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- For A. E. van Vogt's novel, see The World of Null-A.
In some languages Ā is used to denote a long A. Examples are the Baltic languages, including Latvian, Samogitian, and Polynesian languages, including Māori, Pashto, some romanizations of Japanese (rōmaji), Persian, and Arabic, and some Latin texts (especially for learners). In Romanised Mandarin Chinese (pinyin) it is used to represent A spoken with a level high tone (first tone). It is used in some orthography-based transcriptions of English to represent the diphthong //, and also in commercial names such as Drāno and Powerāde.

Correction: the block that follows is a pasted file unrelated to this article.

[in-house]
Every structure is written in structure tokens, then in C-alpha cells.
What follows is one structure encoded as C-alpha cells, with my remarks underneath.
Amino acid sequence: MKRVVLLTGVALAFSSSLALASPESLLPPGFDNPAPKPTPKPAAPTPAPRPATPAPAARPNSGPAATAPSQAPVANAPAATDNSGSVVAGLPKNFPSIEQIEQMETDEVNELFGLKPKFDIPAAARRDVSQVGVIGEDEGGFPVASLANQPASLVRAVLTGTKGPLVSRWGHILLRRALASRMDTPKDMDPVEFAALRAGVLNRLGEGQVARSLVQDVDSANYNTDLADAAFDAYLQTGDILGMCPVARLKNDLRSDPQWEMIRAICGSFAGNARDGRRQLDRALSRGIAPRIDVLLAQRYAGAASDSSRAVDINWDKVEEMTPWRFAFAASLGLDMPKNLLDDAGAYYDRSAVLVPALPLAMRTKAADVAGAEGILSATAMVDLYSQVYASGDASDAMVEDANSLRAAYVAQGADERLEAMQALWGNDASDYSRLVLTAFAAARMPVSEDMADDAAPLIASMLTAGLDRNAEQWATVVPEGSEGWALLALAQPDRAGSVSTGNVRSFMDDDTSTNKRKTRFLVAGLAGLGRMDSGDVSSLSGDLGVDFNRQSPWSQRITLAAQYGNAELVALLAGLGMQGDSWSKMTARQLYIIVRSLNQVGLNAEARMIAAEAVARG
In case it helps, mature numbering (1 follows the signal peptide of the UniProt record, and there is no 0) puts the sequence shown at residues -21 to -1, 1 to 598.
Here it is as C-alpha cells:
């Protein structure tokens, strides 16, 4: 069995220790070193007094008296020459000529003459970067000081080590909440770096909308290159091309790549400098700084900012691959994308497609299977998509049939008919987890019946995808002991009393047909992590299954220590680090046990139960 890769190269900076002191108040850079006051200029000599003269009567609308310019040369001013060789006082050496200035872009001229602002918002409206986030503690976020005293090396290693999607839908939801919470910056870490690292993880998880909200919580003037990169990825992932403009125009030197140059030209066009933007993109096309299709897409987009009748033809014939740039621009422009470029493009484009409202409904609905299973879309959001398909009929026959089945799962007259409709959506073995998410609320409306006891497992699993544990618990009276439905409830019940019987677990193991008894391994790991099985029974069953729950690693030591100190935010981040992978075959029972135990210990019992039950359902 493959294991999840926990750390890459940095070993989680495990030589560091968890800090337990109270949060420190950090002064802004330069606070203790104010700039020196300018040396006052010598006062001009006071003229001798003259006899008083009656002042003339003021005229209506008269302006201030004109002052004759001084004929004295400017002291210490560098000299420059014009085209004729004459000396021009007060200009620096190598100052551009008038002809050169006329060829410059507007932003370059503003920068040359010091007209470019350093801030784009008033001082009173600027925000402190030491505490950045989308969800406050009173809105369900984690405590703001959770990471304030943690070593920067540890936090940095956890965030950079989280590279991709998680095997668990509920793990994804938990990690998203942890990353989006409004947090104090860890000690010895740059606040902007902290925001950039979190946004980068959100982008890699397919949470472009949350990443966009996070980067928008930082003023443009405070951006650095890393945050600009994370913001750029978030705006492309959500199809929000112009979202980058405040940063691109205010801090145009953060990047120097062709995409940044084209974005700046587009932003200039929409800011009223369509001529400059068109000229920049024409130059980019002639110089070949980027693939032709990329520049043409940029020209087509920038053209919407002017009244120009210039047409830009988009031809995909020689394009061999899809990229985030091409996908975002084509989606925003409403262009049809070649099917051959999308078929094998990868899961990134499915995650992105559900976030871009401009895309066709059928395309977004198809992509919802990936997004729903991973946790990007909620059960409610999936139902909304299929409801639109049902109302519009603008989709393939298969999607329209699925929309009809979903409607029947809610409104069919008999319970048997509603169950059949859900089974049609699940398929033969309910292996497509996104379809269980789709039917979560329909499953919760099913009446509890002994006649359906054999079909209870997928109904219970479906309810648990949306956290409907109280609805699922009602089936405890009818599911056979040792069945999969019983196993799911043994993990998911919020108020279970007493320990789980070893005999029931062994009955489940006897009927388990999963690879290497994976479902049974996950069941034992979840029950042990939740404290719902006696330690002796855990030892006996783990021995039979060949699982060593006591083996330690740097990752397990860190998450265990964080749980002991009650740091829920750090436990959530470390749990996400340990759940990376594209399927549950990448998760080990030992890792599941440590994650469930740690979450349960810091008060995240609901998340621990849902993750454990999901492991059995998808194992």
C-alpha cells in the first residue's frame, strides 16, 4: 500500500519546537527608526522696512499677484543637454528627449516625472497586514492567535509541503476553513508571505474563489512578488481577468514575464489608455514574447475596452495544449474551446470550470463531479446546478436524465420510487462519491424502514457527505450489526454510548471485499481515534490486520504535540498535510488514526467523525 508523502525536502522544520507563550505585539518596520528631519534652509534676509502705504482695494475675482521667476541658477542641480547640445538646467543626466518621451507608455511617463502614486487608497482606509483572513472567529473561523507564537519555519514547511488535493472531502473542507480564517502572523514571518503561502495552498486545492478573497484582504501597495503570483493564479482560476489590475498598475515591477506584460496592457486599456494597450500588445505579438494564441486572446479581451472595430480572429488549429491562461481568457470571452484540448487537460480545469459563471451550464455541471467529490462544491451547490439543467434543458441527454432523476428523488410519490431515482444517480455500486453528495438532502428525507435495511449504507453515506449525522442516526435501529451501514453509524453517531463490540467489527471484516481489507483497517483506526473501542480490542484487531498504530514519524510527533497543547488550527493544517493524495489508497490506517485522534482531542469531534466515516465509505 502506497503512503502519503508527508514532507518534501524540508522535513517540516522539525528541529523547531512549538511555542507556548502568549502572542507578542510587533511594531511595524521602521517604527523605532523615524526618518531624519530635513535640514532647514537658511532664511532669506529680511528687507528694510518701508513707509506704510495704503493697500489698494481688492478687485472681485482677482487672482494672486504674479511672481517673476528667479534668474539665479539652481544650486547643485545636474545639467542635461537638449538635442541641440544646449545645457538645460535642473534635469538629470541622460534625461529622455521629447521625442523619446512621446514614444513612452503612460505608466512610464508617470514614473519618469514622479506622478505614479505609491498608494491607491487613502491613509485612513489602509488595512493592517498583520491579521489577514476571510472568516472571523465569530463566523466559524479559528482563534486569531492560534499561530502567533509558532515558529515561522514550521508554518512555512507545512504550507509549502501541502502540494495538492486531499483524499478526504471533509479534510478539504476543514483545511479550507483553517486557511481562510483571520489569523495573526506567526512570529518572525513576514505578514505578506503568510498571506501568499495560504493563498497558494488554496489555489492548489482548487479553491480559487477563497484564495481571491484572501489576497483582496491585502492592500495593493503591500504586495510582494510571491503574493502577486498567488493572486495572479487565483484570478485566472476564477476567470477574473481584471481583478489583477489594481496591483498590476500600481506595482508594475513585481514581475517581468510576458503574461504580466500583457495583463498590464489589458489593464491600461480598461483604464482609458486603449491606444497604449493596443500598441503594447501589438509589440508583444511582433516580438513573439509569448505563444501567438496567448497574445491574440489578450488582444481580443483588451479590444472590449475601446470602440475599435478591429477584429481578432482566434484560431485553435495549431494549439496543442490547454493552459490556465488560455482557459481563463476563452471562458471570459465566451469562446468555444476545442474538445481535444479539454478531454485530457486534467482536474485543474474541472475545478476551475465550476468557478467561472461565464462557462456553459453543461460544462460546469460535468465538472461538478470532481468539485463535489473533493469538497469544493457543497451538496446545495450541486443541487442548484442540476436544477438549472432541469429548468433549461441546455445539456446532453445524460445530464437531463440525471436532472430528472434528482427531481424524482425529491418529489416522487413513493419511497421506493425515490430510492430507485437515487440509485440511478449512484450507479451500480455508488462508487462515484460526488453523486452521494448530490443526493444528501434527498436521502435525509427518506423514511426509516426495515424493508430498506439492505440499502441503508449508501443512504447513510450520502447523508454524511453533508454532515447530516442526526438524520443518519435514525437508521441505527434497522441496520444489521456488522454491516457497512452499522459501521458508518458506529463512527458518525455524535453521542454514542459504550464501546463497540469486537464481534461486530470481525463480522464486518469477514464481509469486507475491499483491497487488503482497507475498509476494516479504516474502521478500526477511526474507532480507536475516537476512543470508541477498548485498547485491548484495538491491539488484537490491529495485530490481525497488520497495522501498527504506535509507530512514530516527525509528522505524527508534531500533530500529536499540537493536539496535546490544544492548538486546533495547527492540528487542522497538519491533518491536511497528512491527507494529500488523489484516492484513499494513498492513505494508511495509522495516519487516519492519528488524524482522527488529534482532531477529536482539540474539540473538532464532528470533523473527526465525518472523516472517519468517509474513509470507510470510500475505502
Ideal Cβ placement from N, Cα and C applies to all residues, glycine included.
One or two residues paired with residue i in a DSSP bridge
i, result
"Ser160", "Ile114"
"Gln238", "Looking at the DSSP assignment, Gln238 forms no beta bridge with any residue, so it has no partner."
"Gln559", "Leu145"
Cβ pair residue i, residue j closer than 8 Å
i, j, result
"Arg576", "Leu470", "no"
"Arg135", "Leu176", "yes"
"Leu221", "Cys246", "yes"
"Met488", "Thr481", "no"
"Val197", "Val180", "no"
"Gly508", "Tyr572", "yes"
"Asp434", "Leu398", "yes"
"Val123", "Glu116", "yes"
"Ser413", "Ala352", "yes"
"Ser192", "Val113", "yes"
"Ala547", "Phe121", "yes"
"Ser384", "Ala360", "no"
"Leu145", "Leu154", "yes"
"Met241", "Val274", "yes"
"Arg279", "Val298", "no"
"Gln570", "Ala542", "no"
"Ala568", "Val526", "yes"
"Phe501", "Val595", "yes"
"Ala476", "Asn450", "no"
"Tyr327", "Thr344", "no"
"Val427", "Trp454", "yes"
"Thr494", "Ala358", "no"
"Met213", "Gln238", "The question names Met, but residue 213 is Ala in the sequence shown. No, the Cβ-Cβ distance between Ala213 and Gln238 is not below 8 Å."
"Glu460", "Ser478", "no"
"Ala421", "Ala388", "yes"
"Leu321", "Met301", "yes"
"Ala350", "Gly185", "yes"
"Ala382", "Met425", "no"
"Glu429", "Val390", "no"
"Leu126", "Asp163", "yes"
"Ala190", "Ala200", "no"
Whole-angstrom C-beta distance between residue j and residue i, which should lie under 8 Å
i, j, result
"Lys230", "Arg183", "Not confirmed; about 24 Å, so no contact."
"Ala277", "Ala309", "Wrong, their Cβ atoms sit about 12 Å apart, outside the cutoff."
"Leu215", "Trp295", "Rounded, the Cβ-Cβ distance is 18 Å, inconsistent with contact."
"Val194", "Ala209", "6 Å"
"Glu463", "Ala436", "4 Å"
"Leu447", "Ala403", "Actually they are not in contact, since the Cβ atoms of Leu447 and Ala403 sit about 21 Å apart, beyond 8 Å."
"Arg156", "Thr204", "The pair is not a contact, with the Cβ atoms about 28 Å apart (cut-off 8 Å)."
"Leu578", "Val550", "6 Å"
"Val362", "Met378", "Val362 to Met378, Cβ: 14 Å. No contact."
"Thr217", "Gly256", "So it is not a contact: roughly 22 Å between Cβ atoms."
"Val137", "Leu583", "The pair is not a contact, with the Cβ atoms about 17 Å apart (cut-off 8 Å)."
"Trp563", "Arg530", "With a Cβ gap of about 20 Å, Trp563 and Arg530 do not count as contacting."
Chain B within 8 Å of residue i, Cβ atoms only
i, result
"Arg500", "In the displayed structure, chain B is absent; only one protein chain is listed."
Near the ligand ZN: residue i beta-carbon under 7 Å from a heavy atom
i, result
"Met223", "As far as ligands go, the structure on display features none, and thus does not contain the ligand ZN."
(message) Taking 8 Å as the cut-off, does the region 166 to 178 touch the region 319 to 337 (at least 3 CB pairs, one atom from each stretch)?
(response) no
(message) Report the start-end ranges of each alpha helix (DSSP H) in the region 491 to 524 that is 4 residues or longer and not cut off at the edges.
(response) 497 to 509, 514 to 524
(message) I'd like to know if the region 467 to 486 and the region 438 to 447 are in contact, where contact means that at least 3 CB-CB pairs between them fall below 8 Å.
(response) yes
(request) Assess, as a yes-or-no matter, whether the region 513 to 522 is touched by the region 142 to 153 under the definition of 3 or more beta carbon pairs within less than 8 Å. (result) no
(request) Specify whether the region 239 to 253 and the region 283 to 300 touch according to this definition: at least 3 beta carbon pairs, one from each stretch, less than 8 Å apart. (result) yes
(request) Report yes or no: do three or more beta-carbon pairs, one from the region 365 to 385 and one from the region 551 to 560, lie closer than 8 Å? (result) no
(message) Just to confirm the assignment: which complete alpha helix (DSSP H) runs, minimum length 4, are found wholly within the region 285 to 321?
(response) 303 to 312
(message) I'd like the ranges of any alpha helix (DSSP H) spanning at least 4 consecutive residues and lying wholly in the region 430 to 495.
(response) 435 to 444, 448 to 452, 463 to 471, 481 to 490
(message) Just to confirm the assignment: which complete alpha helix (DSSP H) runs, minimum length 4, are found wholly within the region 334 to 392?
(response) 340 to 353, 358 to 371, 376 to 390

In the International Alphabet of Sanskrit Transliteration, Ā represents the open back unrounded vowel, आ, not to be confused with the similar Devanagari character for the mid central vowel, अ.
In the languages other than Sanskrit, Ā is sorted with other As and is not considered a separate letter. The macron is only considered when sorting words that are otherwise identical. For example, in Māori, tāu (meaning your) comes after tau (meaning year), but before taumata (hill).